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History of Philosophy
by Turner, William (S.T.D.)

Up to the present time Egyptologists have failed to reach an agreement as to what was the primitive form of religious belief in ancient Egypt. In the first place, the chronological difficulties have hitherto proved to be insurmountable; and in the next place, the diversity of religious systems in the different nomes, provinces, into which ancient Egypt was divided, renders difficult every attempt at forming a theory as to what, if any, was the one religion which prevailed throughout Egypt at the dawn of history. Historians are content with dating the period the seventh century B.C. by dynasties rather than by years, the first dynasty being placed about the fifty-fifth century B.C. Menes, who established the first dynasty, found already a hierarchical system of deities, to each of whom some city was dedicated. But what was the primitive religion Egypt, from which this hierarchical system of gods was evolved? Monotheism, Polytheism, Pantheism, Henotheism, Totemism, Sun-Worship, Nature-Worship, -- these are the widely different answers which modern Egyptologists have given to question. [5] Scholars are equally at variance as to the origin and significance of Animal-Worship among the Egyptians. When, however, we come to the period of the great gods, chief whom were Ra (the sun), Nut (heaven), and Set, or Typhon (the earth), and to the legends of Osiris, Isis, and Horus, there seems to be very little room for doubt as to the essentially naturalistic character of these divinities. "The kernel of the Egyptian state religion was solar." [6]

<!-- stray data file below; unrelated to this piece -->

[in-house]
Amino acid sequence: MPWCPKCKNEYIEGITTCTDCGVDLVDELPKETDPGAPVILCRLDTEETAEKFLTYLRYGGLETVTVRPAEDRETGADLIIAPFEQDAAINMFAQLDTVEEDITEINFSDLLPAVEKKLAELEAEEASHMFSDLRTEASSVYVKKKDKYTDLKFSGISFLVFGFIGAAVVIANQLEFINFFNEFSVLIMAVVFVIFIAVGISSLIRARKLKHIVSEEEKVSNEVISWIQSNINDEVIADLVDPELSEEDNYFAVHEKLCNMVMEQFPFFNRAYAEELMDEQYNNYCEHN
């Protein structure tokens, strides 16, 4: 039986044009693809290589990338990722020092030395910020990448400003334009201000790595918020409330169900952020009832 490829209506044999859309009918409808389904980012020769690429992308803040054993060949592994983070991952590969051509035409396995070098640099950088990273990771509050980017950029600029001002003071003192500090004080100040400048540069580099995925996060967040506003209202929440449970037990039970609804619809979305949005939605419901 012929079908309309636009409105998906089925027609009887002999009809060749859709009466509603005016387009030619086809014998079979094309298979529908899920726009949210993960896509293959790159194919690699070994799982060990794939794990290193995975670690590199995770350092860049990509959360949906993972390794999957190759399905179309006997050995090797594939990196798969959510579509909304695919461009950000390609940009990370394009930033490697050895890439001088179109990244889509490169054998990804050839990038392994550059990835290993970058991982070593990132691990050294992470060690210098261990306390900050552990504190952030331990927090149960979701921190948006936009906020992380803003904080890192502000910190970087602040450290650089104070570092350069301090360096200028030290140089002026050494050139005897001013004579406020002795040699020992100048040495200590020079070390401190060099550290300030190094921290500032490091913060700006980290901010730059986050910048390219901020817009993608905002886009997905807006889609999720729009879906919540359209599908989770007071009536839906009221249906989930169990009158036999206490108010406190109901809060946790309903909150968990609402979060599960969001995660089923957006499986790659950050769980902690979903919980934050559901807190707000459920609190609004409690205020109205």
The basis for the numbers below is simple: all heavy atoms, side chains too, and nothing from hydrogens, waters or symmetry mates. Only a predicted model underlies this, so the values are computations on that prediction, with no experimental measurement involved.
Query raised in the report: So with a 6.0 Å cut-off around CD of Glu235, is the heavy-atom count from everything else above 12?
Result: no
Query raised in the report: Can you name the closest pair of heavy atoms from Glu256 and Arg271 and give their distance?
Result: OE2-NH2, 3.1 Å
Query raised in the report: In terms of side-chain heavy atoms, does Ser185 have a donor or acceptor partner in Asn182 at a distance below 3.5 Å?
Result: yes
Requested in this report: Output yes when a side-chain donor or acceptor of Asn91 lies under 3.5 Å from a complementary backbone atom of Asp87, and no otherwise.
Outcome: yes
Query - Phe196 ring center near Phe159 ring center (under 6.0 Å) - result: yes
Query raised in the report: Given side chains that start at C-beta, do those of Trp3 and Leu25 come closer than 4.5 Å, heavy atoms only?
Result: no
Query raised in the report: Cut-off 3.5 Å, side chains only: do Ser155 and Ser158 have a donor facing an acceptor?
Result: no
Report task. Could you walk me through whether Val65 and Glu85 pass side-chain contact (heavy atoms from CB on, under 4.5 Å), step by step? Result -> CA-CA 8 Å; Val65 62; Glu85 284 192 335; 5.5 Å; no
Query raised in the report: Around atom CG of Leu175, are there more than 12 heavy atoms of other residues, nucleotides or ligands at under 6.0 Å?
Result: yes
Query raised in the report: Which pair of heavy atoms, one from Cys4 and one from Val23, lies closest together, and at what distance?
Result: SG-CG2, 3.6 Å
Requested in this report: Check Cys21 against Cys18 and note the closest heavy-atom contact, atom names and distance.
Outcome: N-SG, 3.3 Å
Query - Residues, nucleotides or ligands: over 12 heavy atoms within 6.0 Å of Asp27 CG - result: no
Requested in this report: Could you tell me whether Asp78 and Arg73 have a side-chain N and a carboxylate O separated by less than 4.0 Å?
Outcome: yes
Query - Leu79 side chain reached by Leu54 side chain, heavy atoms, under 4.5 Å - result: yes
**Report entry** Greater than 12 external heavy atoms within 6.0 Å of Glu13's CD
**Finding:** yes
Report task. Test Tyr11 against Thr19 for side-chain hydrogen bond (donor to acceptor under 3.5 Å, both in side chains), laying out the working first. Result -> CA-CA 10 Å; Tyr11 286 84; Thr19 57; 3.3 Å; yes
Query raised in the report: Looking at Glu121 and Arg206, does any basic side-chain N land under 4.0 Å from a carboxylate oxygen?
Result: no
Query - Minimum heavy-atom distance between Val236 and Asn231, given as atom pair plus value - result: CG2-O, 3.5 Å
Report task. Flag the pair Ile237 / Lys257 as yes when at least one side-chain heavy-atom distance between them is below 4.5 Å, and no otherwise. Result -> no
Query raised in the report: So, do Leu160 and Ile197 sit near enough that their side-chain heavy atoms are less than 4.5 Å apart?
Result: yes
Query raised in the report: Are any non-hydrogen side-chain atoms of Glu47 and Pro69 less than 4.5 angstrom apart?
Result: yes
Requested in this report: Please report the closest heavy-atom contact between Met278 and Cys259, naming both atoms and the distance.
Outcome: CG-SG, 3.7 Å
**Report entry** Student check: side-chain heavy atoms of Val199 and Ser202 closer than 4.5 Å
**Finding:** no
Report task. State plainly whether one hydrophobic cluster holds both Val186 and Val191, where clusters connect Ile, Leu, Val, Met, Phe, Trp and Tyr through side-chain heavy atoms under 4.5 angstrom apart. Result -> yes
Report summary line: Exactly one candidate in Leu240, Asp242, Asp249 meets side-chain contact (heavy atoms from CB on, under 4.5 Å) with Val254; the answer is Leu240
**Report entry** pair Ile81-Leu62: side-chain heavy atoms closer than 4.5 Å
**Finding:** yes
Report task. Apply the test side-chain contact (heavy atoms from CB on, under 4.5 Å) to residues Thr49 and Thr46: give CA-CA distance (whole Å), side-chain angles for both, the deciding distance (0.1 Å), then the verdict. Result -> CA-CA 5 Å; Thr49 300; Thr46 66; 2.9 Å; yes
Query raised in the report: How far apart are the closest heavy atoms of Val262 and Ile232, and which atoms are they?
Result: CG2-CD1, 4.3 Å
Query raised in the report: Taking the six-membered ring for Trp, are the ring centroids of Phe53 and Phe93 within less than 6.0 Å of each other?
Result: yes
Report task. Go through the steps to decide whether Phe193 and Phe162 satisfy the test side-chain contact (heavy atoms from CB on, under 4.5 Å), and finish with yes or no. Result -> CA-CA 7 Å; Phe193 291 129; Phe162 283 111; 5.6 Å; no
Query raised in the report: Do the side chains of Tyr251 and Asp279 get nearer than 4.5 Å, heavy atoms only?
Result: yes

[5] Cf. De la Saussaye, Manual, p. 396.

[6] Sayce, The Ancient Empires of the East, p. 58.
With regard to the speculative elements of thought contained in the mythological conceptions of the Egyptians, mention must be made of the doctrine that everything living, whether it was a god, a man, or an animal, possessed a Ka, or "shadow," which was in each case more real and permanent than the object itself. This notion was present in the practice of animal worship; for, although there is by no means a unanimity of opinion among scholars in favor of reducing animal worship to mere symbolism, there is no doubt that the Egyptian mind was dominated by the idea that every Ka must have a material dwelling place. Similarly, when the abstract notion of the divinity presented itself to the Egyptian mind and was identified with each god in turn, and when, at a later time, there appeared the notion of a pantheistic divinity in whom all the great gods were merged, the dominant idea was always that of the Ka or soul, whose dwelling place was the individual god or the universe. Another conception which may be traced very far back in the history of Egyptian civilization is that of the magical virtue of names.